The National Institute of Biomedical Imaging and Bioengineering has named Bruce Tromberg, as its new director.
Tromberg, an expert in biophotonics and biomedical optics, will join the NIH unit from the University of California, Irvine, where he holds appointments at the biomedical engineering and surgery departments.
At NIBIB, Tromberg will deploy a $378 million budget and 230 staff members to further research into biomedical imaging and bioengineering technologies and techniques.
The NIBIB has funded significant biomedical research since it started backing projects run by internal and external teams in 2002. Researchers at University of California, Los Angeles, used NIBIB money to develop an electrical stimulation therapy that enabled a person with a paralyzing spinal cord injury to stand. Within the NIBIB, researchers have worked to advance imaging technology, leading to the development of novel microscopes.
Roderic Pettigrew, the founding director of NIBIB, oversaw all of this work. In doing so, Pettigrew helped to dispel skepticism about the need for the institute and establish it as an important part of the research funding landscape.
Pettigrew stepped down late last year after 15 years as director to take up a role at Texas A&M University. Jill Heemskerk moved up to the director post on an interim basis while the NIBIB looked for a permanent replacement for Pettigrew. Ten months after Pettigrew left, the NIBIB has found its new director. NIH Director Francis Collins thinks Tromberg's research focus and prior involvement with the NIBIB makes him a good fit for the job.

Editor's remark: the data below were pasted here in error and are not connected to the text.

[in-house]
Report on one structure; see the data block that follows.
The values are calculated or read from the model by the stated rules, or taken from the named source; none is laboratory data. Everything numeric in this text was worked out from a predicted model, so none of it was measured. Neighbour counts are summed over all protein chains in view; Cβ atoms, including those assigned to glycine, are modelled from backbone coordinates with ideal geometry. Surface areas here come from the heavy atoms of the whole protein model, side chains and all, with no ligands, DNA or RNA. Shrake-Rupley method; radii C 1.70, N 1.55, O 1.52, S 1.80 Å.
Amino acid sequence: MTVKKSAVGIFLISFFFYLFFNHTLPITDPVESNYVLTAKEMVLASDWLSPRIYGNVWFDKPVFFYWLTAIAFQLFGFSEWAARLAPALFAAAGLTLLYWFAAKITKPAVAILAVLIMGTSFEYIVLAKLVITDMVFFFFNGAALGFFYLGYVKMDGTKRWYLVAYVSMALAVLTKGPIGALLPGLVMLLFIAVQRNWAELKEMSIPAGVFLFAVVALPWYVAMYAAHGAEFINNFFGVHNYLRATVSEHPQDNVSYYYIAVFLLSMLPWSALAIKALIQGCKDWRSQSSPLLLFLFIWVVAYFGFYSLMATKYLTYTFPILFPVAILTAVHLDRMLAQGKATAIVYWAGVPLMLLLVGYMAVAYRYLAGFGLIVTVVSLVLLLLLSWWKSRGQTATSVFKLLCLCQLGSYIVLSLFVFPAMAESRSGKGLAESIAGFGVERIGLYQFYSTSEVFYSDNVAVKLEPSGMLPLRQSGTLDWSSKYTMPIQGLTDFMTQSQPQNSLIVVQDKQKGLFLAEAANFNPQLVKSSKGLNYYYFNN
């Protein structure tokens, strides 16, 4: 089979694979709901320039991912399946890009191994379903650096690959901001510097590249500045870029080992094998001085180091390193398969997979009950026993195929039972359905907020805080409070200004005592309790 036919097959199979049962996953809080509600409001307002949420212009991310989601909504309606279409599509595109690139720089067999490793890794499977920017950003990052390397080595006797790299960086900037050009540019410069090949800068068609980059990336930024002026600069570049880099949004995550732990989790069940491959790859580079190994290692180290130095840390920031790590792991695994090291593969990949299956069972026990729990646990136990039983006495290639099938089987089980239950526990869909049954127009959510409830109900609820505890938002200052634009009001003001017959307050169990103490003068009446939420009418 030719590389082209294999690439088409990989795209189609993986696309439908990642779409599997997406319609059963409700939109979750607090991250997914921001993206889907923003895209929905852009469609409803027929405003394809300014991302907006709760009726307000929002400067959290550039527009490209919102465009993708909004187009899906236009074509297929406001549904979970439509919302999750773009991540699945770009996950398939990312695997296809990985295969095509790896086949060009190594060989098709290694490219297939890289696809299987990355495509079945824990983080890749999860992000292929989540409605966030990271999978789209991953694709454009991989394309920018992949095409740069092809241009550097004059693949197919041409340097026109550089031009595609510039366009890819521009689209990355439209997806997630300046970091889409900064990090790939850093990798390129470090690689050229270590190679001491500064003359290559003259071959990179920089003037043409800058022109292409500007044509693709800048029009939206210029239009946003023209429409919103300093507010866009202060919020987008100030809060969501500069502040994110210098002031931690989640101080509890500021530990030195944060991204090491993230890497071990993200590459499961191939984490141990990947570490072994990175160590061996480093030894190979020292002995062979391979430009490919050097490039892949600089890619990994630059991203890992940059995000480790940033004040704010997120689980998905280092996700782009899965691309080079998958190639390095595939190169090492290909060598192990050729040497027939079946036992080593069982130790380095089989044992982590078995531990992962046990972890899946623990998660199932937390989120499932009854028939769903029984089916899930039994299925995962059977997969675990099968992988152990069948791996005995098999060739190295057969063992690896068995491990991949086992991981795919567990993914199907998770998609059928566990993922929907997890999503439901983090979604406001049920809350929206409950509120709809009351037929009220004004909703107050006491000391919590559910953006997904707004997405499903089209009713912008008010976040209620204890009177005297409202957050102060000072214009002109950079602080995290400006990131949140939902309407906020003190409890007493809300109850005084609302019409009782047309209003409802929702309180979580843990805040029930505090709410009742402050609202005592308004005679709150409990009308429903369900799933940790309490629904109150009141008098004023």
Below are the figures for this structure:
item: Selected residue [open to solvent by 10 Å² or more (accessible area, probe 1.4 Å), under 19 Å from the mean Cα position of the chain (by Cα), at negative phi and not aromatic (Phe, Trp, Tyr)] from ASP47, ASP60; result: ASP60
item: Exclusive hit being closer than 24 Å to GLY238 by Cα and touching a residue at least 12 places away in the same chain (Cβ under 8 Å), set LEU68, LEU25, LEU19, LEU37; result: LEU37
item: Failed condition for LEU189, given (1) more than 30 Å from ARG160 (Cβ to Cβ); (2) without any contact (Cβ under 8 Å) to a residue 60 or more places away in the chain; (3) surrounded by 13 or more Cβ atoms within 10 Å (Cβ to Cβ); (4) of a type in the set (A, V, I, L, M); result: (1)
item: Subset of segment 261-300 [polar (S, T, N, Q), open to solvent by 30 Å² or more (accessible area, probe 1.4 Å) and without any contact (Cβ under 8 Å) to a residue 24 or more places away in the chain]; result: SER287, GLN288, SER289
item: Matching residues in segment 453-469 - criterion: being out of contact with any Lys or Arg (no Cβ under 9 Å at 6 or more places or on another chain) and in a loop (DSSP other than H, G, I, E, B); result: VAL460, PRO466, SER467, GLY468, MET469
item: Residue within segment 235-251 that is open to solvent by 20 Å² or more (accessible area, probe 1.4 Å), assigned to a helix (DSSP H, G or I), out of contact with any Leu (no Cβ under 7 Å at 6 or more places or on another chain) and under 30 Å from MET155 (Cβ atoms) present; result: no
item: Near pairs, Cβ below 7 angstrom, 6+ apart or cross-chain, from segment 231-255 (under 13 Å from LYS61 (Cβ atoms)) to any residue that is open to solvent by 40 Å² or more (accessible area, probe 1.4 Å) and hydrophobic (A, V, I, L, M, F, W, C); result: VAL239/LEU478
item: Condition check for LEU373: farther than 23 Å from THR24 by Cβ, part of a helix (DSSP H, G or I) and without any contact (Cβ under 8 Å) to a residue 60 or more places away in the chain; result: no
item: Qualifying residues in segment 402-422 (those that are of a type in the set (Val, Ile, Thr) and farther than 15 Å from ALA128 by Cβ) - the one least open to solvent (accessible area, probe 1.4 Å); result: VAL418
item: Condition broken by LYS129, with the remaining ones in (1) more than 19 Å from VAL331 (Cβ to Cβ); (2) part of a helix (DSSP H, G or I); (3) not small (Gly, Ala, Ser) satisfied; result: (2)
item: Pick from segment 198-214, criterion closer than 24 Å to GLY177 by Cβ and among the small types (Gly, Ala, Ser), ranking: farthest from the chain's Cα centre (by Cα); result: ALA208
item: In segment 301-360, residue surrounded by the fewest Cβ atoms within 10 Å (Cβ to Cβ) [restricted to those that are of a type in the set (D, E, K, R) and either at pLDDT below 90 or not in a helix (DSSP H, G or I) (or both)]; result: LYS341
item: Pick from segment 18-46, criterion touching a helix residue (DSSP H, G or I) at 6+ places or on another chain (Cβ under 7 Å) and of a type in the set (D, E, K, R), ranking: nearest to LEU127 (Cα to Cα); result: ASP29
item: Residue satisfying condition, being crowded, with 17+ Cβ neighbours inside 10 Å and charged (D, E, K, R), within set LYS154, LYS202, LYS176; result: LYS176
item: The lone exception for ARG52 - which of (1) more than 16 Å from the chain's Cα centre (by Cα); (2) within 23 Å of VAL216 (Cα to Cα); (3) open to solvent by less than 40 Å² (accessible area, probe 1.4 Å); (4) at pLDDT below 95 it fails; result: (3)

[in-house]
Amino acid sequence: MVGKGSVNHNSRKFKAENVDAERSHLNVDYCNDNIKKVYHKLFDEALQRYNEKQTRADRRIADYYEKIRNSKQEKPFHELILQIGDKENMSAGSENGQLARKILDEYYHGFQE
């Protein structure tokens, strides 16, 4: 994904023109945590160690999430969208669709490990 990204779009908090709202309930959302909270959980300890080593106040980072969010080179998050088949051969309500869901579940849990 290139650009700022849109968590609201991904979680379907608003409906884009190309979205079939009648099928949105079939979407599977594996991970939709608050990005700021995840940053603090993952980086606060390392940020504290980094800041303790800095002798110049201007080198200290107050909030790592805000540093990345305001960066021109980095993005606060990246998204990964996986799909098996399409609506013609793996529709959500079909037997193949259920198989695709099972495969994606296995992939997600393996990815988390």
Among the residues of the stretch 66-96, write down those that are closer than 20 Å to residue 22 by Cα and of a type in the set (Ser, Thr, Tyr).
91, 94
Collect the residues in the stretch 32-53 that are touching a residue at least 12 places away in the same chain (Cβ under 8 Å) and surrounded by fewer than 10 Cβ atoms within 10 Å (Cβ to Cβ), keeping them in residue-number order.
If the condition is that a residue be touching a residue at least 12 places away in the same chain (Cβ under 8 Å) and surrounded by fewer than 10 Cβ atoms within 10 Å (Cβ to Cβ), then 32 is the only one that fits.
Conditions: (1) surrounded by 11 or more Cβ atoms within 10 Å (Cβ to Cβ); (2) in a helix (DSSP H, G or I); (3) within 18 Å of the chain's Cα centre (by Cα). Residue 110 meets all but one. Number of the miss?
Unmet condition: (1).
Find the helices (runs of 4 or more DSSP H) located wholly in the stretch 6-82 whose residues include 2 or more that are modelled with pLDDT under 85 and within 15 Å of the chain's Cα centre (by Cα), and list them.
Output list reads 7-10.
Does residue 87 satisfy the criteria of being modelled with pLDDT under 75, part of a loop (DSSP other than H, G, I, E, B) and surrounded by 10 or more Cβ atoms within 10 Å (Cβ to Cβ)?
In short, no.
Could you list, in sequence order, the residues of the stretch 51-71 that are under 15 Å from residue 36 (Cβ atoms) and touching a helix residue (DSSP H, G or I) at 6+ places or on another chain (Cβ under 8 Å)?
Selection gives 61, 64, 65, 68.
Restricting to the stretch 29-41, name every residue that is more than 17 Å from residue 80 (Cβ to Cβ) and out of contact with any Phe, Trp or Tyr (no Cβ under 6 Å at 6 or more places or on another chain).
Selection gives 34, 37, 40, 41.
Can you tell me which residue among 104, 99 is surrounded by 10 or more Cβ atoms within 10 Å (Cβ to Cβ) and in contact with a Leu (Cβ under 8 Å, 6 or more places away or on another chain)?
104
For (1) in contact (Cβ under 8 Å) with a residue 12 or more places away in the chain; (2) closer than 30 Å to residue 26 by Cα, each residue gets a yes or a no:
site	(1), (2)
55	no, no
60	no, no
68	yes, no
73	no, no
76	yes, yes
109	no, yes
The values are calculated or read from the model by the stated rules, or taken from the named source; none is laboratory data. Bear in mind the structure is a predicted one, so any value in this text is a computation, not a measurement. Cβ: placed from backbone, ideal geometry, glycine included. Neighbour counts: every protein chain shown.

"Bruce brings substantial experience in biophotonics, and demonstrated his commitment to state-of-the-art imaging and bioengineering technologies through his research and leadership on numerous advisory committees, including the NIBIB National Advisory Council," Collins said in a statement.
Tromberg will join the NIBIB in the new year and start overseeing its budget, the majority of which is awarded to universities in the U.S. and overseas through 800 active grants. In his academic career, Tromberg was a beneficiary of funding from the NIH and later the NIBIB. This funding enabled Tromberg to research the use of lasers and optics in medicine.
The NIBIB's ability to continue funding such research was threatened last year by planned cuts to its budget. President Trump's budget for fiscal 2018 proposed slashing NIBIB funding by almost 20%. Ultimately, the NIBIB secured a small increase to its budget.